The Canadian Food Security Policy Group

July 04, 2008 16:44 ET

The Canadian Food Security Policy Group: Coalition of Canadian NGOs Petition Prime Minister to Urge Food Crisis Action at the G-8 Meetings in Japan

TORONTO, ONTARIO--(Marketwire - July 4, 2008) - A coalition of 18 Canadian non-governmental aid organizations have contacted Stephen Harper, urging the Prime Minister to make good on the promises Canada made two months ago with regards to the county's contribution to the global food crisis. In April the government announced major new funding for an important short-term response of food aid, but nothing more has been done since.

During the first week of July, leaders of the world's powerful countries will gather at the G-8 meeting in Japan to take action on the food crisis. The coalition is urging the G-8 to finally implement some long-term initiatives needed to stem the tide of the food crisis, including:

1. Make Agriculture a Priority for Canada's Aid Program - there is a strong global consensus that governments, both in developing countries and aid donor countries, have ignored the vital needs of agriculture in developing countries. Agriculture is both our main source of food and the livelihood of 60-80% of the people in developing countries. A clear focus on aid for agriculture is essential.

2. Fix the International Food Organizations - the three United Nations food organizations (The World Food Program, The Food and Agriculture Organization and the International Fund for Agricultural Development) and others such as the Consultative Group on International Agricultural Research should be resolving the food crisis. But they aren't working well together. Canada supports all these agencies and should be leading efforts to integrate their efforts for the benefit of small-holder farmers and hungry people, especially during this food crisis.

3. Make the International Trade Agreements Work for Small-holder Farmers - the last two decades of forcing developing countries to open their food markets to imports have drowned millions of small-holder farmers in waves of often-subsidized cheap food imports. Trade agreements that Canada negotiates must allow developing country governments to protect their small-holder farmers.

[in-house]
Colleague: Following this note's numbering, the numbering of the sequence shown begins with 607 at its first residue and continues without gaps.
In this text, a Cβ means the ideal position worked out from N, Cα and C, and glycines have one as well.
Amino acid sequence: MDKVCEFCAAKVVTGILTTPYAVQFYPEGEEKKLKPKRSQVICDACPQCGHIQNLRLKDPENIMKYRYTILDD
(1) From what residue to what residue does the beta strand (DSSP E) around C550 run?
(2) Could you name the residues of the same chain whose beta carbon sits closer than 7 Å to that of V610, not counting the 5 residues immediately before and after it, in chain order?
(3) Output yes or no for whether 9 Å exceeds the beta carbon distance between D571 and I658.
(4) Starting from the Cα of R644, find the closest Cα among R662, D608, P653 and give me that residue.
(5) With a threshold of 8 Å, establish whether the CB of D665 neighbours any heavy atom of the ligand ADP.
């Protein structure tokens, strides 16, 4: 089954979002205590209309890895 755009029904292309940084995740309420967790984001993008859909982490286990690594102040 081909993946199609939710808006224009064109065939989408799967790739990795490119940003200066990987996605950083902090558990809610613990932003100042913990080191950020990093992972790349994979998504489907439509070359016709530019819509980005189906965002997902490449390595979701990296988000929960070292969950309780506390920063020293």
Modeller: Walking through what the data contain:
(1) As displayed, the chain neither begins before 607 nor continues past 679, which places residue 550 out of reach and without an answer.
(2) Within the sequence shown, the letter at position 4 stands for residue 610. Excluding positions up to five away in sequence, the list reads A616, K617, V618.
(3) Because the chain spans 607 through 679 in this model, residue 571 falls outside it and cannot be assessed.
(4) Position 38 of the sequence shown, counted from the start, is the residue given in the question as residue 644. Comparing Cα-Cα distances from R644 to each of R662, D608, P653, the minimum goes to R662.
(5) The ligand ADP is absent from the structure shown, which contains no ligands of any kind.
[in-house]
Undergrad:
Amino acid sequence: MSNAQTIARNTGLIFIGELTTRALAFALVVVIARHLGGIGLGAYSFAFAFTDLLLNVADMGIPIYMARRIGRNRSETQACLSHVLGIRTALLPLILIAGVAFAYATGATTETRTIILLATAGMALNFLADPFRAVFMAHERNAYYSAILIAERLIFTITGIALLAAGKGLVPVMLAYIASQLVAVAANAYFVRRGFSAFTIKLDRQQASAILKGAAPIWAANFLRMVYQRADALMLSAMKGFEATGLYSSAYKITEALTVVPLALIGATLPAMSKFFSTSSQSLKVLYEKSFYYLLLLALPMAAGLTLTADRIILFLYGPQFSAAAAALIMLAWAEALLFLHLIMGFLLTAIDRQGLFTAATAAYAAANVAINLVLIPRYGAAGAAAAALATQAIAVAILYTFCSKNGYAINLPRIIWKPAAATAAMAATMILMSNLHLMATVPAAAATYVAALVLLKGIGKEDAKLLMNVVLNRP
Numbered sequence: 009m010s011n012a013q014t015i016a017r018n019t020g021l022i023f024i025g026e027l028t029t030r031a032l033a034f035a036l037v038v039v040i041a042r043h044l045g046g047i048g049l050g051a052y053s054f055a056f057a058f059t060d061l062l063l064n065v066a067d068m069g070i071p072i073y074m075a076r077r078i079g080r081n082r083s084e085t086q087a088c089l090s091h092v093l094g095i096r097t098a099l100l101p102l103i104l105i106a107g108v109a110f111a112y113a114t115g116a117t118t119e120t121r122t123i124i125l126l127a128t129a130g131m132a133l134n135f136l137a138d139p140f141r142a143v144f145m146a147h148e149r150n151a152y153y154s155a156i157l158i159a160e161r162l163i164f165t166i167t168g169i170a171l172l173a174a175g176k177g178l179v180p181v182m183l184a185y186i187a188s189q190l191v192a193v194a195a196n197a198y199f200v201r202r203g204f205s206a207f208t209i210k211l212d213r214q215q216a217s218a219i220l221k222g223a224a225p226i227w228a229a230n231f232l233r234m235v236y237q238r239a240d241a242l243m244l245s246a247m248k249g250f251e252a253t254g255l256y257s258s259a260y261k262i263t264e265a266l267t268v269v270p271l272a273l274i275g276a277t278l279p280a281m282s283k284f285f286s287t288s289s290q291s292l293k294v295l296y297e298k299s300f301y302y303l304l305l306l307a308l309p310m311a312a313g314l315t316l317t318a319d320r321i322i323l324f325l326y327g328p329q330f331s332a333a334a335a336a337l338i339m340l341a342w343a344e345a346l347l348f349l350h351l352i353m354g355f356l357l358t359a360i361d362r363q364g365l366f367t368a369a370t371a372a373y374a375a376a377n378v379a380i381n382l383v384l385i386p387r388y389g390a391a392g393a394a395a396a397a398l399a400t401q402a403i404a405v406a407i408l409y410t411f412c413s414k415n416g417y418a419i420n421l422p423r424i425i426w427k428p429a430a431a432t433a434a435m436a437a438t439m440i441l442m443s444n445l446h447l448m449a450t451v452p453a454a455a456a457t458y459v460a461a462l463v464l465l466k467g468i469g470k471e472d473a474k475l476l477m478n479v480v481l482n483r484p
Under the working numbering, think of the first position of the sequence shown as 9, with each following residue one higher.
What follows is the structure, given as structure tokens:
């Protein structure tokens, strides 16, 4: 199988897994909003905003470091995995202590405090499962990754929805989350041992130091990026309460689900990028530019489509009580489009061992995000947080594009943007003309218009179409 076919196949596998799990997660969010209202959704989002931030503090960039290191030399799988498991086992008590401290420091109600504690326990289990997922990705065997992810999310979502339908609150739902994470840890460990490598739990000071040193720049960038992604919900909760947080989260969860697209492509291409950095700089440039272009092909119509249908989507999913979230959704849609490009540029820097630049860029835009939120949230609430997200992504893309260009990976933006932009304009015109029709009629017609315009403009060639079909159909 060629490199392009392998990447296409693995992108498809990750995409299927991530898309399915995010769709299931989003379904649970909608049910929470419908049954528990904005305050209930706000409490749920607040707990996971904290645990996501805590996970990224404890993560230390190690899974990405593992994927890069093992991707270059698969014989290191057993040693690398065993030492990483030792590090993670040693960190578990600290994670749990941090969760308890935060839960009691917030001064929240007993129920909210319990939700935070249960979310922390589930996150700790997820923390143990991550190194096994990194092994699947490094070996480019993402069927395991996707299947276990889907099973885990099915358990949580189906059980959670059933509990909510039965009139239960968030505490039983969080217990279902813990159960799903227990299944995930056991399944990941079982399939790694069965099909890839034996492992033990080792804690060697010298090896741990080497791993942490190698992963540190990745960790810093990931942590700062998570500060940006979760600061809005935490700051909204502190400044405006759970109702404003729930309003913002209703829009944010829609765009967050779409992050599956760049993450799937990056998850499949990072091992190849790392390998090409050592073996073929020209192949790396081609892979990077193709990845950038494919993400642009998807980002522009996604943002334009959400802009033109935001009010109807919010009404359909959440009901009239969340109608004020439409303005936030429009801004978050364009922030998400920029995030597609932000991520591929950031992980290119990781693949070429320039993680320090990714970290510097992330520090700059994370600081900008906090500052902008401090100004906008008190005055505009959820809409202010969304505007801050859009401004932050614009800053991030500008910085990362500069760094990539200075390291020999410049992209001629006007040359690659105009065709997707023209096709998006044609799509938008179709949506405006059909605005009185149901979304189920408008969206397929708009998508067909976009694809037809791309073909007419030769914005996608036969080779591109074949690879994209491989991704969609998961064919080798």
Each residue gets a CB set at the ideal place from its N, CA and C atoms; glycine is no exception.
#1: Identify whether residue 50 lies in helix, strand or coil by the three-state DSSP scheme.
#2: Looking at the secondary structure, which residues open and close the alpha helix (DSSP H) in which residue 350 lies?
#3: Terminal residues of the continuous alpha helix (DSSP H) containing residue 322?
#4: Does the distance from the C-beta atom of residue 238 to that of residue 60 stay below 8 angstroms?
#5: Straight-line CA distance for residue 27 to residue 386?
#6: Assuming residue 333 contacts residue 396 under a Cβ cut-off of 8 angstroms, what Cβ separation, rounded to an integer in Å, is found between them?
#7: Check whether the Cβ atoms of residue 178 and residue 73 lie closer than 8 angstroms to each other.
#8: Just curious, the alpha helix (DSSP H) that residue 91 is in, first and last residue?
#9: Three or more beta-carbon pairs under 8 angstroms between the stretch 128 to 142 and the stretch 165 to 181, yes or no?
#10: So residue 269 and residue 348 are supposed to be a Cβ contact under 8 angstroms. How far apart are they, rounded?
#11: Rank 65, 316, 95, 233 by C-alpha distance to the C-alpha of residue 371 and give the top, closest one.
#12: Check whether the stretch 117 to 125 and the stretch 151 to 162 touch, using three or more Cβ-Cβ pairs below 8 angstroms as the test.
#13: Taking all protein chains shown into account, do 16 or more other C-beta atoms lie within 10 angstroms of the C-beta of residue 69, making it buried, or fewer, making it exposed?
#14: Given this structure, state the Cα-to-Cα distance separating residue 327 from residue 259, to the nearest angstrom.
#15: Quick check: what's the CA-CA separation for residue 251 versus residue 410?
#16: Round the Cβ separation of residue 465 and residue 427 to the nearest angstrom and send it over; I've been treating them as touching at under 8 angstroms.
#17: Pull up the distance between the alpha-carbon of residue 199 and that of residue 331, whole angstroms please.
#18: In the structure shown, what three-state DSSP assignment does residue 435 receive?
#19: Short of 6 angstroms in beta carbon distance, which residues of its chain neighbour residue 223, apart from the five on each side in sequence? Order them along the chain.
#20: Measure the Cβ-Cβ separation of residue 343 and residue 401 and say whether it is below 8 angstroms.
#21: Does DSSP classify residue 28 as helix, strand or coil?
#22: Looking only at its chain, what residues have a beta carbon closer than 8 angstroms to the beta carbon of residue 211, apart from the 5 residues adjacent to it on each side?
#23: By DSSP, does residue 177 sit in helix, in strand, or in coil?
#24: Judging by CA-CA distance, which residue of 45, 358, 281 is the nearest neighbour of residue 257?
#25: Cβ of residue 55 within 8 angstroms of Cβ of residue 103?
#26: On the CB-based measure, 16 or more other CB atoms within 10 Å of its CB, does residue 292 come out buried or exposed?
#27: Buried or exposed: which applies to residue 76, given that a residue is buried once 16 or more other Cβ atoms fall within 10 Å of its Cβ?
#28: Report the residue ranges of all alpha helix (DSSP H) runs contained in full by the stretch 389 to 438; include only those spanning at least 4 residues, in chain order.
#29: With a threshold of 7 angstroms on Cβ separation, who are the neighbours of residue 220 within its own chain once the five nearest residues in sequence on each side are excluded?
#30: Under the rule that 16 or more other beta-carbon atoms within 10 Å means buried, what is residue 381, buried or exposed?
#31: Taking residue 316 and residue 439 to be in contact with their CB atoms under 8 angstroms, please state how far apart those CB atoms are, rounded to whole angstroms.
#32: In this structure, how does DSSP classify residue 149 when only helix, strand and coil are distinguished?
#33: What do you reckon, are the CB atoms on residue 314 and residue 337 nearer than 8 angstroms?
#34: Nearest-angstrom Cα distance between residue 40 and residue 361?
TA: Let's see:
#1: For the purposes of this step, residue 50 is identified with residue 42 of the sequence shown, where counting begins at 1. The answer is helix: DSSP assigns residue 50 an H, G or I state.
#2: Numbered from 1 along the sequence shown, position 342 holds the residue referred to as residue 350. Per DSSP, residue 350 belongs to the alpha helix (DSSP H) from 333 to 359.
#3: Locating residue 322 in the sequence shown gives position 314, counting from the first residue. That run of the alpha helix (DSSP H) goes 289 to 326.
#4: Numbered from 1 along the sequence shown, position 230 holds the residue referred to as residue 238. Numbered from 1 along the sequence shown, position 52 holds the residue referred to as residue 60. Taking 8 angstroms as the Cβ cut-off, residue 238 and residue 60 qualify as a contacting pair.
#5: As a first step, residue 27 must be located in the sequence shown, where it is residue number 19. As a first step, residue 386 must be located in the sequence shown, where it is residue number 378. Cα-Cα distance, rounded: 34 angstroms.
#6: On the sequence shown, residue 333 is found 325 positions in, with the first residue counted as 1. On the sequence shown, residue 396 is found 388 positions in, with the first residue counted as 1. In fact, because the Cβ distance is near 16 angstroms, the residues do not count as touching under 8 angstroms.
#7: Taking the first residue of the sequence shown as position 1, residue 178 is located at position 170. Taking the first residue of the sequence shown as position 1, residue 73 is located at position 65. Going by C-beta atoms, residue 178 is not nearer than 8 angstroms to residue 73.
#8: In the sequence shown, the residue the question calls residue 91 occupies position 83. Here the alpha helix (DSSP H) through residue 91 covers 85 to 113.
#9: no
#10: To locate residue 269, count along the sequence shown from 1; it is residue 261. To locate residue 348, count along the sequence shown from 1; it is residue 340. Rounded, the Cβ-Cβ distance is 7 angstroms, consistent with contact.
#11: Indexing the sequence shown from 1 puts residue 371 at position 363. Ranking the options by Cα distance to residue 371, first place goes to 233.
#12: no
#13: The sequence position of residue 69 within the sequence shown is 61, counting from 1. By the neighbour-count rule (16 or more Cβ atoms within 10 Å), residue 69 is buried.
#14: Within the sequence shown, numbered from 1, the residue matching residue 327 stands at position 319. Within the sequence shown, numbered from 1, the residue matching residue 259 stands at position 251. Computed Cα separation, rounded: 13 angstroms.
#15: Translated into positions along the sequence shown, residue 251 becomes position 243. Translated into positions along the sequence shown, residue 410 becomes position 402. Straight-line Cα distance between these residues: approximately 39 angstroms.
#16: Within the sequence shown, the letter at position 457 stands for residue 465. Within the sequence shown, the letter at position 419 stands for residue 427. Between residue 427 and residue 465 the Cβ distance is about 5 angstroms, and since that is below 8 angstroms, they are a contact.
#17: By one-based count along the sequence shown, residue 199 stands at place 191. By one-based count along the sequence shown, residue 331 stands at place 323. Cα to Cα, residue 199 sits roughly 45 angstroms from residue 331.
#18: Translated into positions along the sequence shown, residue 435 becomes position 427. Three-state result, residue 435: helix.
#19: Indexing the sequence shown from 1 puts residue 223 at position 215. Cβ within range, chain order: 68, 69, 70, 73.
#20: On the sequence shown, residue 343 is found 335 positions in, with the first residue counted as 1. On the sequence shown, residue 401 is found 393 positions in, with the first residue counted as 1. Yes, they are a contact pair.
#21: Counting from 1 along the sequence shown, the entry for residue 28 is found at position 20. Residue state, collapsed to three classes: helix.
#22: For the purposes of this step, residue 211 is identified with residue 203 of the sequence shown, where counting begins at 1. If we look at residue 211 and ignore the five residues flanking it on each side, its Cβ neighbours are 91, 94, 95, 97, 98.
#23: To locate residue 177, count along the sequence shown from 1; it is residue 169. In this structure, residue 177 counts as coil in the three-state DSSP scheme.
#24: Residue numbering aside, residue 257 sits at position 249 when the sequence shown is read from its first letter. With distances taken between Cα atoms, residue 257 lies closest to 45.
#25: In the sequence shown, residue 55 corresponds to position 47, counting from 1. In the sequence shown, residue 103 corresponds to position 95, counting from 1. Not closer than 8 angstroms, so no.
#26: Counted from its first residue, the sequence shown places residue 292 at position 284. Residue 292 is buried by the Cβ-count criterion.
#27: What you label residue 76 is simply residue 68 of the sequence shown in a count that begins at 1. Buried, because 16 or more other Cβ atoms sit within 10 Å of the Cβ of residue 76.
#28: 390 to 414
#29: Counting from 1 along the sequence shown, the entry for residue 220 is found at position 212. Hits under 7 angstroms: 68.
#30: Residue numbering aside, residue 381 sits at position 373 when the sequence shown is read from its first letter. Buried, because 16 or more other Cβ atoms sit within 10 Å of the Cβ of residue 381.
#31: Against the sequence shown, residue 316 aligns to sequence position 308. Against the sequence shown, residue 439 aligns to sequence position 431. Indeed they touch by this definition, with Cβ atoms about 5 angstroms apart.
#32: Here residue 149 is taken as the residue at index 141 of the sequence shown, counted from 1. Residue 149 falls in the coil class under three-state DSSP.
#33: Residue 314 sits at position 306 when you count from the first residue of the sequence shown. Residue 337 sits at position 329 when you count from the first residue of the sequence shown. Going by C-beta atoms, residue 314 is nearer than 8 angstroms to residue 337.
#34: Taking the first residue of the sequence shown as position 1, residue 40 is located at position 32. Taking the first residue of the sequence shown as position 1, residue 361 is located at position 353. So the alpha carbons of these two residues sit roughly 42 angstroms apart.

4. Lead Efforts to Reduce Large Food Price Fluctuations - Canada should lead efforts to reduce the increasingly great fluctuations in basic food prices. These are driven not only by speculators but also by the very small global reserves of food available to respond to even small changes in demand.

5. Avoid Threats to Food Security Posed by Biofuel Development - biofuel development that threatens to take away land from small-holder farmers for large biofuel plantations must be avoided. Canada should also support efforts to ensure that biofuel development doesn't disrupt food production, either nationally or globally.

Canada ranks among the wealthy countries in the world and Canadians have shown their deep concern about the current food crisis, not only for themselves but for the millions for whom this is a matter of life and death. We expect our leaders to show their leadership by acting on this urgent issue.

The Canadian Food Security Policy Group are: Canadian Catholic Organization for Development and Peace, Canadian Council for International Co-operation, Canadian Foodgrains Bank, CARE Canada, CHF - partners in rural development, ETC Group, Farm Radio Intn'l, Inter Pares, Mennonite Central Committee Canada, National Farmers Union, Oxfam Canada, United Church of Canada, UPA Developpement international, USC Canada, World Vision Canada.

The Food Security Policy Group is a coalition of Canadian international development and civil society organizations seeking to promote policies and actions that protect and enhance food security in developing countries, based on decades of working in these sectors with partners in developing countries.

Contact Information

  • Canadian Food Security Policy Group
    Stuart Clark
    (204) 296-5079 (celphone)
    Canadian Food Security Policy Group
    Kaia Ambrose
    (613) 228-5655